The Kids Aren’t Alright (The Offspring, Americana)

It does sound fun listening to The Offspring using the AS10 and the Centrane HiFi-M8, what with the fast pace track jamming quite well it a packful of bass punch. I just felt though that the sub-bass is a bit thin to match the lush mid-bass from the AS10. I felt the mids a bit recessed, as expected, with the highs sounding a bit more conservative compared to the bass. I appreciateed it though considering that at least it didn’t sound like ZS5 in terms of treble quality/quantity.

I tried to humor myself and used the 2.5mm TRRS terminated plug, SPC wire, 2-pin cable from Nocturnal Audio called Acrux, of which I though to bring about quite a slight improvement from AS10’s tonality. As a result, mid-bass had an improved quality, sub-bass became more pronounced, mids improving slightly with the highs also becoming a little bit more prominent. The Acrux didn’t turn the AS10 into a $200 IEM contender, but it did some pleasing improvements.

Evaporated (Ben Folds, Live In Perth 2017)

With the stock cable, playing the track using the Astell & Kern AK100 paired with Centrance Glove A1 sounded a bit too dark for my taste. While the expectation is that the AS10 is a warm, bassy IEM, the synergy between the source and the AS10 made the track lack a bit of focus on the higher frequencies. The boom of the orchestra seems to manifest too much over the mids, which I think isn’t so good as I woud expect Ben Folds’voice to be the highlight of the track. I again switched the cable to Acrux and this time, the track sounded far better. I felt the vocal and the piano to be a lot more distinct, with the bass appearing to complement the vocals a lot more than how it sounded like using the stock cable.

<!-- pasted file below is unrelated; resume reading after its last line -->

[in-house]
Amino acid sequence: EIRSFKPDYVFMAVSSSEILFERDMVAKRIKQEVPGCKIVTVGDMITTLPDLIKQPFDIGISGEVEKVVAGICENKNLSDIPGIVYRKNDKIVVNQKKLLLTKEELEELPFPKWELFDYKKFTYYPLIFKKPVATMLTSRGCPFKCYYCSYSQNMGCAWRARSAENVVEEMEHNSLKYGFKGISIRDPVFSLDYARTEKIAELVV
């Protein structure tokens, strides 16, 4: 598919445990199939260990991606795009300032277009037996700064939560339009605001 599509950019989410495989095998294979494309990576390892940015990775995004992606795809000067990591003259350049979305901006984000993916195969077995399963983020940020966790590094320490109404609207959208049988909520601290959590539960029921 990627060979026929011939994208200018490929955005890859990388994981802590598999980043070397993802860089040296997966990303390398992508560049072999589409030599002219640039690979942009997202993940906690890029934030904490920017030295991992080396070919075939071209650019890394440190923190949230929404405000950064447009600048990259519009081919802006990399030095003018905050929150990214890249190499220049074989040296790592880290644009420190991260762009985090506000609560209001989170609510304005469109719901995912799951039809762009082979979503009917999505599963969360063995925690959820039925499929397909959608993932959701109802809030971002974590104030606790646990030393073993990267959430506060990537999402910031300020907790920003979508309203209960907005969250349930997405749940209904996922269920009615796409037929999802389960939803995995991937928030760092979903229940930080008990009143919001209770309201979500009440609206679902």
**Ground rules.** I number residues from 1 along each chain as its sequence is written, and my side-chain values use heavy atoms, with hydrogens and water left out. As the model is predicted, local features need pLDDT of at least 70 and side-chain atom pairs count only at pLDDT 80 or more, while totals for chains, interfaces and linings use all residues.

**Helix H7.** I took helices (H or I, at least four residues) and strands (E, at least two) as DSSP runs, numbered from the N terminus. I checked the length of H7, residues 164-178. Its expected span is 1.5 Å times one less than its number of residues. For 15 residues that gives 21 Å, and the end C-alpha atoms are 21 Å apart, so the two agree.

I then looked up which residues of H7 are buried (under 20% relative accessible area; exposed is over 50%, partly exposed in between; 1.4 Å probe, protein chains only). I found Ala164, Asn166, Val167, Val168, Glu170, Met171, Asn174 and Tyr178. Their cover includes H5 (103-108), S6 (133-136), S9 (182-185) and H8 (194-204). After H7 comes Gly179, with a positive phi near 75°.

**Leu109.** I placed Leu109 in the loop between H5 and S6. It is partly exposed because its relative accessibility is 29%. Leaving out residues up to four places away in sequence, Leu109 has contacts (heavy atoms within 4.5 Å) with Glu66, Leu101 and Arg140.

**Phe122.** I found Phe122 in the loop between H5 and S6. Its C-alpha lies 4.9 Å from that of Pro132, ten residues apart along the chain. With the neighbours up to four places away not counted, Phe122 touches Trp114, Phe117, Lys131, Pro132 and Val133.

Snow On The Sahara (Anggun, The Best Of)

This pairing (AS10 & Hifiman HM-901S) felt odd; while the vocals doesn’t seem to be too recessed (in fact, it sounded most forward as AS10 can offer based on the test I did with my DAPs), I find two things about the pairing: mid-bass sounded a lot more loose and plentiful together with the sub-bass, while the highs felt like it was struggling to compensate. I didn’t try it on for a very long time, so I did switch to the Acrux again and still, the only improvement I felt was a thicker mid-range, same quantity of bass (mid and sub) and a little more pronounced trebles. There was just a bit of hickup in the upper mids region, where it felt like there was a dip around 4-8khz range; just can’t put my finger on it. If you have the HM-901S, I really won’t recommend it. To all 3 sources that I paired with the AS10, this one has got to have the most seemingly unnatural sound for me.